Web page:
PCIe 5.0 debuted in Intel’s 12th-generation CPU and motherboard lineup, and AMD will add support to its Zen 4 platform later this year. It is widely believed that the next generation of graphics cards will support PCIe 5.0, but new rumors suggest that Nvidia’s next-generation Ada GPUs will not support the new standard.
Rumors come from reliable kopite7kimi (pass video card). That’s a bit surprising, given that Nvidia’s enterprise-oriented Hopper architecture does support PCIe 5.0. There is also the fact that the RTX 40 will support a 12+4 pin 12VHPWR PCIe 5.0 power connector. However, the same goes for the RTX 3090 Ti, and it certainly doesn’t support PCIe 5.0.
If Nvidia does decide to stick with PCIe 4.0, it’s unlikely to have any impact. It’s more of a box to check the value of marketing. Current high-end GPUs run on 16x PCIe 3.0 vs. 4.0 systems with little loss, so the difference will be smaller compared to PCIe 4.0 vs. 5.0.
If Nvidia did omit PCIe 5.0 support, it could save a precious few watts. It is believed that the RTX 40 cards will consume more power than ever before, so any savings that can be made means a few extra watts to budget elsewhere.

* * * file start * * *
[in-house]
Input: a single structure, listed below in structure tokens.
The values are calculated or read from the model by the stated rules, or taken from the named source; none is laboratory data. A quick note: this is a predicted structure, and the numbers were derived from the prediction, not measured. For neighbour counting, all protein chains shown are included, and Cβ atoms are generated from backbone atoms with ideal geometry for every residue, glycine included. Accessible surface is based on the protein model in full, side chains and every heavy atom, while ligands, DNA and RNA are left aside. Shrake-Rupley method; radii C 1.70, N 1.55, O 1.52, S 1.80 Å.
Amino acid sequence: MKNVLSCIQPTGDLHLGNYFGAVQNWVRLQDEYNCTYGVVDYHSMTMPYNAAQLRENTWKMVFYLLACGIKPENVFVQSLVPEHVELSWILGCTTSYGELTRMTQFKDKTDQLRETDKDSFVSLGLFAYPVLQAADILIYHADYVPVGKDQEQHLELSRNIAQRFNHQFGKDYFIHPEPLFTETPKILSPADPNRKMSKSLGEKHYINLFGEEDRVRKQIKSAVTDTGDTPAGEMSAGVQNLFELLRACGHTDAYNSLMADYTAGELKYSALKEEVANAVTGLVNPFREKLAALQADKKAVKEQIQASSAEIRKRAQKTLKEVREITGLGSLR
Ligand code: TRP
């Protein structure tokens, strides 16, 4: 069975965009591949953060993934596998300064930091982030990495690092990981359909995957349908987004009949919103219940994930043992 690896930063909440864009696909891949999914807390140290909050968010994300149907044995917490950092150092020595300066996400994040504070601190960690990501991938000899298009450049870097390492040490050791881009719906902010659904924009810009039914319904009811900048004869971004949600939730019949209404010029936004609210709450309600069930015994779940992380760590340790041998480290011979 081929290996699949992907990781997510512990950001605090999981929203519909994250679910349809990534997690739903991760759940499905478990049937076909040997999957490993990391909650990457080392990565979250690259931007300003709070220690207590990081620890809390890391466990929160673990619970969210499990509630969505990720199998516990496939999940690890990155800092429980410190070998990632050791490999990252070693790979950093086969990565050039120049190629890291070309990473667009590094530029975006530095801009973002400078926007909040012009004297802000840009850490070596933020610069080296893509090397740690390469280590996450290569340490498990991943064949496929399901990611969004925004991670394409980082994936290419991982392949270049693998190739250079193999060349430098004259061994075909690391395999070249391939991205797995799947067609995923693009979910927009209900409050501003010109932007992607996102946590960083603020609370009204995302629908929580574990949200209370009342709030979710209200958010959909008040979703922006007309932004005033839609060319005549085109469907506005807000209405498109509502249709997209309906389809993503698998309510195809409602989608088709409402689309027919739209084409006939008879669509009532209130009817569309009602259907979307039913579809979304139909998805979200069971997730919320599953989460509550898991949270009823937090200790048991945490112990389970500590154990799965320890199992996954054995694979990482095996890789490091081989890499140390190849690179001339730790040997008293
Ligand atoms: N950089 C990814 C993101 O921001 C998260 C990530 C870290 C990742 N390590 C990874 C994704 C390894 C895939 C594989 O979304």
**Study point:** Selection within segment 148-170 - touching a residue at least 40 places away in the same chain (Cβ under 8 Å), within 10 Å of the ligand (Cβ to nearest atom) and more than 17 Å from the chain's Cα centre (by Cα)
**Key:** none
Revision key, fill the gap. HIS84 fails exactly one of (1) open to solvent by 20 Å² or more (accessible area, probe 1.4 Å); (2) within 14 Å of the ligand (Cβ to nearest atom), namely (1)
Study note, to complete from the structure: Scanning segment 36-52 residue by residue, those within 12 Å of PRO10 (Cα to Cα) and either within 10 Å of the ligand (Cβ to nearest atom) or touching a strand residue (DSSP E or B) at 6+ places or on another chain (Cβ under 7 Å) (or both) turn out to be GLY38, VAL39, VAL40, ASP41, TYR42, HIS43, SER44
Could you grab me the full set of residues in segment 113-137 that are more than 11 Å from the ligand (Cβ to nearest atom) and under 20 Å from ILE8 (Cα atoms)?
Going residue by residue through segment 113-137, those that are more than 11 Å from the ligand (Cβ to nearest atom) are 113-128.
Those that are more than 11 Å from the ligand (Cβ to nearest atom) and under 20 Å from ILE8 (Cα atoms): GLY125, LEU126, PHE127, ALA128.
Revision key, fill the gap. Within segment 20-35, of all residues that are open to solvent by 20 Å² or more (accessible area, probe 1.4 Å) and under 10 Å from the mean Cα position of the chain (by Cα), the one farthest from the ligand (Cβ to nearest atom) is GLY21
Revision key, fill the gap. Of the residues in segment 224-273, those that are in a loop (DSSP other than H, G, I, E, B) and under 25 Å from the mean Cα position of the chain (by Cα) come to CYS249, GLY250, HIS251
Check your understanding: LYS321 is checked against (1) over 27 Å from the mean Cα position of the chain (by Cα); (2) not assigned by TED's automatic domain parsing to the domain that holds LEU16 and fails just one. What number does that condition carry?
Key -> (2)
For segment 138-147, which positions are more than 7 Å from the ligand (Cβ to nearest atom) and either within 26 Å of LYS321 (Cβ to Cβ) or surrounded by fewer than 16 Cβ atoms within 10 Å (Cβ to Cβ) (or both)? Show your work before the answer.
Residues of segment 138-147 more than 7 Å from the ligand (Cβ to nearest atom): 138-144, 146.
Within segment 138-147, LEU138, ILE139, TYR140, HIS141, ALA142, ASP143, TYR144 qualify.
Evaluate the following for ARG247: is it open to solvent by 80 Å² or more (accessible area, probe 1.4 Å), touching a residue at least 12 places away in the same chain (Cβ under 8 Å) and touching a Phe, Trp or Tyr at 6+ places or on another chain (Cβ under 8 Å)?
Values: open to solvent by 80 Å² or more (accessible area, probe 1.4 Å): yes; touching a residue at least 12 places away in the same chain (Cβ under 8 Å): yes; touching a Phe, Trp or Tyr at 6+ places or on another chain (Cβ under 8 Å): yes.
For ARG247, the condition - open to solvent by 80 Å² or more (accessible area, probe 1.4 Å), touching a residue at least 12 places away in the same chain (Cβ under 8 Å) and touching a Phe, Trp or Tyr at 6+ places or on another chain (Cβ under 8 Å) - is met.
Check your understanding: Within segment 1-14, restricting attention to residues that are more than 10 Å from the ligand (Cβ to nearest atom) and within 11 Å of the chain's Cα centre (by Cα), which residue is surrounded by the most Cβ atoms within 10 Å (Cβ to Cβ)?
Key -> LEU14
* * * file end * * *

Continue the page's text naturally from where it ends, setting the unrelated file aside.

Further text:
Of course, this is just a rumor. Nvidia is known to be tight-lipped about details of unannounced products. Interestingly, the rumours are mounting, suggesting these cards aren’t that far from launch.
It is believed that these cards have entered the beta stage, which means that the GPU itself has completed their design stage. There is now a balance between yield and die harvesting, clock speed, power requirements and PCB design.
The RTX 40 cards are expected to be built using TSMC’s 4N node, which has been tuned for Nvidia. RTX 40 cards will have a massive increase in core count and cache size.
We can expect the RTX 40 series to be released in the second half of 2022. They will go head-to-head with AMD’s MCM RDNA3 models around the same time.